A. Fat serves to allow us to regulate our hormones better
B. Fat is simply energy reserves. A pound of fat =3,500 calories in storage.
And on top of these very vital reasons, by putting on a few (less than 12!) pounds, one is also providing the body with the essentials to repair damage done to the body by the last season of racing.
One last thought on this topic, and one that must be made 100% clear-
IF you are carrying around more than 10-12% body fat (this "looks" fatter than many of you may realize, as mainstream media has us thinking that 5% body fat is "normal"), then this rule of putting on a few pound over your last seasons racing weight, does NOT apply to you, UNLESS you dropped down to 6-8% body fat, in which case, you should ONLY put on enough weight to get back up near your starting point.
For the average racer, who has a 9-5 job, and trains regularly to be competitive, holding a body fat around 10% +/- seems to be ideal as a starting point, as any more than 10% body fat can put a serious damper on your season, and really weigh you down (literally).
In my own practice, I've found that riders who start the season around 10% body fat, and who eat well/clean in order to properly support their training and performance, tend to see, with a few small adjustments to the food intake TIMING and meal composition- a drop of 2-3% body fat through the build portion of their season.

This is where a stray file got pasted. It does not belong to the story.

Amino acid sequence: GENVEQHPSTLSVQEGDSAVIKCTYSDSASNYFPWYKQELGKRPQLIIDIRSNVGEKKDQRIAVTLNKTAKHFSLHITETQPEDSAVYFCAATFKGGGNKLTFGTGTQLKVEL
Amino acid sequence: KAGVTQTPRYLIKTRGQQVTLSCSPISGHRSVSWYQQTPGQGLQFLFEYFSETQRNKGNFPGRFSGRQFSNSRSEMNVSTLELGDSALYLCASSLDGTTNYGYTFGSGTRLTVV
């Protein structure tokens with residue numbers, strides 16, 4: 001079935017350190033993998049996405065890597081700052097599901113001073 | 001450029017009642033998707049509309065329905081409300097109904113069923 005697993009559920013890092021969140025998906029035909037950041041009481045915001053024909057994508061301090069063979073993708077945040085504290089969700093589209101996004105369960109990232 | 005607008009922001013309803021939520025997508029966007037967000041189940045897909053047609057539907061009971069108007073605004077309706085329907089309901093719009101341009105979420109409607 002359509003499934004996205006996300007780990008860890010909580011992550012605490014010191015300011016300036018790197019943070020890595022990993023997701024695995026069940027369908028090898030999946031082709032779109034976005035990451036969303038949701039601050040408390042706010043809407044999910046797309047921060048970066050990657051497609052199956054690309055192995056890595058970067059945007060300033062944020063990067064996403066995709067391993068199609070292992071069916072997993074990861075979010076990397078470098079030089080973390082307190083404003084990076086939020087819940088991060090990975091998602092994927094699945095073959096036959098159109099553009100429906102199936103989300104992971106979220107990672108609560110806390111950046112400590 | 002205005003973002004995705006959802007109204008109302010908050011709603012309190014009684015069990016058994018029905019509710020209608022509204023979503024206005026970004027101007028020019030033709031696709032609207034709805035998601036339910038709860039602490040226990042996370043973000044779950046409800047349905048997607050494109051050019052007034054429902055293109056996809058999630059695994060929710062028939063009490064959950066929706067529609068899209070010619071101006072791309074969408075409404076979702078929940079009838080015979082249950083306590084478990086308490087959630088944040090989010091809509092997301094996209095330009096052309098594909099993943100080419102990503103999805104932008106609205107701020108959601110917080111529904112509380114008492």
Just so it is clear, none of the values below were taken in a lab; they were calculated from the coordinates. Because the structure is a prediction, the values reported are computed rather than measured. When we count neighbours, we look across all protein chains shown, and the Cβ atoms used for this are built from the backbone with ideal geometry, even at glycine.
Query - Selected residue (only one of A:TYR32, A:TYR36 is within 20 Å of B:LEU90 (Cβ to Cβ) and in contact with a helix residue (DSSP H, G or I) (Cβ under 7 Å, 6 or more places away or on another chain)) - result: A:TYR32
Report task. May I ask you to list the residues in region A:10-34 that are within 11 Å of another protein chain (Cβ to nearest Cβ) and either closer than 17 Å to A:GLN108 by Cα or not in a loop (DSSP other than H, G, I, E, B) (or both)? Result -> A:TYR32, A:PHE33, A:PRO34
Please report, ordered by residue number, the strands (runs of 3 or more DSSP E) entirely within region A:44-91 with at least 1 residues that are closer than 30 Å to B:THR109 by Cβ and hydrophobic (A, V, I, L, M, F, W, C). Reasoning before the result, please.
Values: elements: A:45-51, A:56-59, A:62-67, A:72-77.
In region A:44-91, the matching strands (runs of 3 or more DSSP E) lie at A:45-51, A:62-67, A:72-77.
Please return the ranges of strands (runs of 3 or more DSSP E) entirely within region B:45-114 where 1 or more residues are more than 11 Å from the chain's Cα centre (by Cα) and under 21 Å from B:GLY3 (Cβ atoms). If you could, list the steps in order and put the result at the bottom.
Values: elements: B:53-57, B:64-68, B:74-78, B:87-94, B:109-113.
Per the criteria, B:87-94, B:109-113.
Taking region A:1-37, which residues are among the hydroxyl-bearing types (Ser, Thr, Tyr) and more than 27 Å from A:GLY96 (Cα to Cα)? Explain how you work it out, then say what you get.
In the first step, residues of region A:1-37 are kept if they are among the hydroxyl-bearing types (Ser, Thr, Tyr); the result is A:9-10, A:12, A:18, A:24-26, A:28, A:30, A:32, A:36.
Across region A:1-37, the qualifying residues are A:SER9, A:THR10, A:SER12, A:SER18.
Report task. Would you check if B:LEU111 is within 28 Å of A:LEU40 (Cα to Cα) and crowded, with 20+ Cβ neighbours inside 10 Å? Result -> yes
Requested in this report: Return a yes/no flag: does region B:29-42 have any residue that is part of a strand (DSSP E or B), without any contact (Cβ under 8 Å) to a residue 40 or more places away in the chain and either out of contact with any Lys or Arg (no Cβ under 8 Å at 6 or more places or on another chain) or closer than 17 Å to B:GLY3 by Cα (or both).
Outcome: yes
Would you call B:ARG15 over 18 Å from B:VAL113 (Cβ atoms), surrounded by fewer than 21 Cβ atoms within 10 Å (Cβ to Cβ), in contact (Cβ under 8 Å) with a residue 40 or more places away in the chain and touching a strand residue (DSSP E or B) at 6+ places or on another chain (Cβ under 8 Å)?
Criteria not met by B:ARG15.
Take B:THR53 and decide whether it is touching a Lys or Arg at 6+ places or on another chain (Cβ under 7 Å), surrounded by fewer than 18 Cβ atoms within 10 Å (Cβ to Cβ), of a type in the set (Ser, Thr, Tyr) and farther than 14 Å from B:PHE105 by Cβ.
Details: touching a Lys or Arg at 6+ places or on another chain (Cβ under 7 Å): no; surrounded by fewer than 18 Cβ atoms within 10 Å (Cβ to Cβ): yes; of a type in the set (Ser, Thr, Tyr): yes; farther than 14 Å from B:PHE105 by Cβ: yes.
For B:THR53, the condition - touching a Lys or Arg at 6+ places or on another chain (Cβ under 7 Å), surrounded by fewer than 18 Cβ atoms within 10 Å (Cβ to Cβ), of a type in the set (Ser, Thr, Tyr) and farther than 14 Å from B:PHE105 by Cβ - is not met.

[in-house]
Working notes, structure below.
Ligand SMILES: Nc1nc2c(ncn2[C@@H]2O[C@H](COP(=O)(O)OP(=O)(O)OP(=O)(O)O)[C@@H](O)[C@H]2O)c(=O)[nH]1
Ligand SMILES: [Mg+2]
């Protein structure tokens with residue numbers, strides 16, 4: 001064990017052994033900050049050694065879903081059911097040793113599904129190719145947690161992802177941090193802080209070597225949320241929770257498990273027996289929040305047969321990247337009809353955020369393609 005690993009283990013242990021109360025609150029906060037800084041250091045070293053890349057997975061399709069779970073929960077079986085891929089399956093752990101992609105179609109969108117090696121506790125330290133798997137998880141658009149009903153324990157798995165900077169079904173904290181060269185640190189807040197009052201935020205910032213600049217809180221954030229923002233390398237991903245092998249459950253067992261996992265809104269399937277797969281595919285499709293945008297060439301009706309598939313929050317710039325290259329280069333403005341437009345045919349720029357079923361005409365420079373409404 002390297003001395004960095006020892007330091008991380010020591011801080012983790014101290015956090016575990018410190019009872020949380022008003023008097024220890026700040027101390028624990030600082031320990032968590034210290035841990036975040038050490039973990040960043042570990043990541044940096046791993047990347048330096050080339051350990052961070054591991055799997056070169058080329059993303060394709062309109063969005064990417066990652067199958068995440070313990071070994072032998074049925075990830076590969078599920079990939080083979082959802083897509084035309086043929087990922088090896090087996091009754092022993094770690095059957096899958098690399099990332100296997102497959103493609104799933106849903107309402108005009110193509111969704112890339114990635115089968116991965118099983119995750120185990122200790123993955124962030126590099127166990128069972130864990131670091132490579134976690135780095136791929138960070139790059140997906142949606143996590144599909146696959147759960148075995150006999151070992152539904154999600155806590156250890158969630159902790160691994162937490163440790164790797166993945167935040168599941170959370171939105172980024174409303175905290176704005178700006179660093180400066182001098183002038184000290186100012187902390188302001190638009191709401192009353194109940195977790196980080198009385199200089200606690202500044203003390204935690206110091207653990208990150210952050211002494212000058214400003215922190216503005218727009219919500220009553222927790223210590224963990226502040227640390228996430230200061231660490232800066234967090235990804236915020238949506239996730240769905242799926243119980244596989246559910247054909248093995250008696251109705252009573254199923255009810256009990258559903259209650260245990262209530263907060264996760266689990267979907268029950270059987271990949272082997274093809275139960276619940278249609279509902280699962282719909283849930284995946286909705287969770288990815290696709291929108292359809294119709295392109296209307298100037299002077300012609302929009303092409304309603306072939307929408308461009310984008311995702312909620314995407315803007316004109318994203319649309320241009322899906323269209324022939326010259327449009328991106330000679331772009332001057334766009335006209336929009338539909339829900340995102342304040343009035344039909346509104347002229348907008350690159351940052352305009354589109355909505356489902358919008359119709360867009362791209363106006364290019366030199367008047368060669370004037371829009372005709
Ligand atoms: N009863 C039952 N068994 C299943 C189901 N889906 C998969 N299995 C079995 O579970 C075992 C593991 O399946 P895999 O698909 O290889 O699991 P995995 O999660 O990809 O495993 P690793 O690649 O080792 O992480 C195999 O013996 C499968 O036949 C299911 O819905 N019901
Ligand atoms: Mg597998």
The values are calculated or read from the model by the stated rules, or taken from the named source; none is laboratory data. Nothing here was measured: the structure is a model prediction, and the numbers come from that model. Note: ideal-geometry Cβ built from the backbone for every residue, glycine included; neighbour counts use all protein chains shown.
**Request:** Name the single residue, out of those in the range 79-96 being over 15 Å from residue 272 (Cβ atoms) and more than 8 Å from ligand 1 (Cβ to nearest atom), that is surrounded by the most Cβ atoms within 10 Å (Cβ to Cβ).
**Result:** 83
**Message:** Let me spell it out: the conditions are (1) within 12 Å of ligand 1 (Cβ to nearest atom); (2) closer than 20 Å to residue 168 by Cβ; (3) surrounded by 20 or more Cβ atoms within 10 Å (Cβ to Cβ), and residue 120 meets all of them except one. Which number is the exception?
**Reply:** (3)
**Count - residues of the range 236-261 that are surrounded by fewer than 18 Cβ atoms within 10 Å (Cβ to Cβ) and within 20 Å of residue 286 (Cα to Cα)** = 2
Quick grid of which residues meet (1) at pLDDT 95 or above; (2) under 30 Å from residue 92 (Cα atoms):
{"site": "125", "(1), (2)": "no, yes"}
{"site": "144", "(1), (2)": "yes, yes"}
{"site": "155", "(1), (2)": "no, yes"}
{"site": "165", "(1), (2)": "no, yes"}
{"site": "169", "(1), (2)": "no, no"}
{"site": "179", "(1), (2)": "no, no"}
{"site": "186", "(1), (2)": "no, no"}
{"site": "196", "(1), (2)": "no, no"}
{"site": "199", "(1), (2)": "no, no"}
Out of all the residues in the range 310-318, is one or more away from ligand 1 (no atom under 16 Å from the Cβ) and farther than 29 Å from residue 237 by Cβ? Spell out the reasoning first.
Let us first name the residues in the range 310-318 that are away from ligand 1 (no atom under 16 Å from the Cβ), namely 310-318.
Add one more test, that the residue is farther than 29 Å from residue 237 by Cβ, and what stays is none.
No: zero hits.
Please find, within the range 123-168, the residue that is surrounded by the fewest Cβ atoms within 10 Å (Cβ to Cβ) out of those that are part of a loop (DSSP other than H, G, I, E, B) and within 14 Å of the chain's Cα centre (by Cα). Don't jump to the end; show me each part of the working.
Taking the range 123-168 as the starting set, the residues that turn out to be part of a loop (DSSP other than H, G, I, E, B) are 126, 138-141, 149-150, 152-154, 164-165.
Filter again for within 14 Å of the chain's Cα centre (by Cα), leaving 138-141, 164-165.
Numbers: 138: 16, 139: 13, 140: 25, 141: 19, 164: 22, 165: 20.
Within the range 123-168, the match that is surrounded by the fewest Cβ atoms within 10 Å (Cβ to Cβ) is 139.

This brings them to the meat of their racing calendar having a great life balance, as well as in fantastic shape to crush it.
If you're looking for specific questions, have been stymied by the complexities of getting down to your racing weight, or you simply want someone to guide you on this part of your journey, then you should seek out a Registered and Licensed Dietician to help you.
Take home: If you got down to being that "skinny fast guy" during your peak last year, trying to hold that weight year-round can be extremely detrimental to your performance, and long-term success. If you raced last year and went rom 16% body fat to 10% body fat, you should look to maintain that body fat % through base, and slowly get down to a leaner, yet sustainable number, through your build phase.
*NOTE* Healthy body fat %'s are HIGHER for females.
Bottom lines for January Training (for a July-August peak):
1. Intensity is a GOOD thing, as long as it is the right amount, at the right time, and in balance with the pure endurance rides that are appropriate in duration (mileage/distance) for your upcoming seasons demands.
2. Strength Training is great- but make sure you're learning HOW to move first. Save the plyometrics for the spring, after you've gotten a better balance at the joints, and have addressed your major movement issues.
3. Now is the time to start thinking about your ideal racing weight for the season, and beginning the process of slowly getting leaner, as you increase your strength and prowess on the bike.